Update: Teachers, school board ratify contract

Teachers in the Princeton School District are working the last eight days of the school year under a new contract.

The year-long contract dispute between Independent School District 477 and the Princeton Education Association ended on Tuesday, May 22, a day in which the teachers and board of education both approved the contract language.

The contract, approved by the teachers on a 167-48 vote, gives the teachers a retroactive one percent raise in the 2011-12 school year and a 1.25 percent increase in the upcoming 2012-13 school year. But that’s not all.

The teachers will also receive step and lane increases that should net most teachers a pay raise. A step increase compensates teachers for longevity. A lane increase compensates a teacher for their achievements in continued education, for example, a Masters degree or progress towards a Masters degree. There are no increases in benefits such as insurance under the approved contract.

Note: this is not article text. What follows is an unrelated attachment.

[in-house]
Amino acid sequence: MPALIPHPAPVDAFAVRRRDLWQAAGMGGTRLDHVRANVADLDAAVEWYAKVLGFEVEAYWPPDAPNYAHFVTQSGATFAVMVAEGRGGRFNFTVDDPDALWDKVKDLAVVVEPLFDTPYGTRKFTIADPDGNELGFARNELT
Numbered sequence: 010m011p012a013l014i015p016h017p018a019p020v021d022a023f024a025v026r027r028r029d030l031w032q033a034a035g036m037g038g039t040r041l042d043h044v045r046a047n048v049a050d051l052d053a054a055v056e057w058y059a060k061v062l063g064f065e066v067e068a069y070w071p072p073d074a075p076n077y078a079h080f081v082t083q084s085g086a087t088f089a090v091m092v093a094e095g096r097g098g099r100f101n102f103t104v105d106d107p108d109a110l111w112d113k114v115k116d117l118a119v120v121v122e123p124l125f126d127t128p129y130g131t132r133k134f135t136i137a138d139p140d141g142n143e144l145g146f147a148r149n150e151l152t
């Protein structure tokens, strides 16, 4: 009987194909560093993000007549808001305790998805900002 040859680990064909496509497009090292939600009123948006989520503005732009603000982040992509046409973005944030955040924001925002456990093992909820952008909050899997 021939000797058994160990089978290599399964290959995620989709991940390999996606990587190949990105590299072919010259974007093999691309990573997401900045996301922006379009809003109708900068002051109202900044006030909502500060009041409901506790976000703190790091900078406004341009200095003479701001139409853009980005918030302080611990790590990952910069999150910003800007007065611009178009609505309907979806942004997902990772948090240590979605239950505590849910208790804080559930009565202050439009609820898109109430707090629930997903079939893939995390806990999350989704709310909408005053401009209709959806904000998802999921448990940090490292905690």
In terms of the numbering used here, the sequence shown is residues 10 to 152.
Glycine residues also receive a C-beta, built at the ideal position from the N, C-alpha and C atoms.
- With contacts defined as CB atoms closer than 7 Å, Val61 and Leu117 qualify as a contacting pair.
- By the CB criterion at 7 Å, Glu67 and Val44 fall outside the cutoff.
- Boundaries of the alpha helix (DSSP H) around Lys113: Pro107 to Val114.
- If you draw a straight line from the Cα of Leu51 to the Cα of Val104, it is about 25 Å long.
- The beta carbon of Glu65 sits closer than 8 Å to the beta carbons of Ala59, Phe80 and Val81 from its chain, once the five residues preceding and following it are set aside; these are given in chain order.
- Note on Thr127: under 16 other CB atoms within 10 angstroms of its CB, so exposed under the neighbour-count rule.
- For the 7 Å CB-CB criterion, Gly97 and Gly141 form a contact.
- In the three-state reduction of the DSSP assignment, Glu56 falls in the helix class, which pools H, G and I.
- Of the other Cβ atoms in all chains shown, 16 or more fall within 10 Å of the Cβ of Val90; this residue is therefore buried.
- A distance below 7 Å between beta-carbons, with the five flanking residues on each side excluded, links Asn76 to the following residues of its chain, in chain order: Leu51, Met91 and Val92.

“We are pleased to reach a settlement with our teachers on an agreement that both sides can support,” said Superintendent Richard Lahn.

In addition to a raise and step and lane increases, other teaching professionals will see an increase in compensation.

Early childhood teachers will be paid an additional dollar per hour for each step on the ECFE schedule; teachers teaching orientation sessions at both the high school and middle school will see an increase in compensation; members of building leadership teams, estimated at 40-50 teachers, will receive a $250 stipend for their added service; and summer school and summer program teachers will receive an hourly pay of $32 per hour.

School board member Dr. Jim Gibbs, who served on the negotiating team, thanked the Princeton Education Association for the professionalism with which its members negotiated.

Language regarding teacher discipline proved to be a sticking point for some in the PEA.

“The school district has the option to suspend a teacher without pay for up to five days for ‘just cause’,” Lahn said.

All discipline is subject to the grievance procedure of the school district, he said.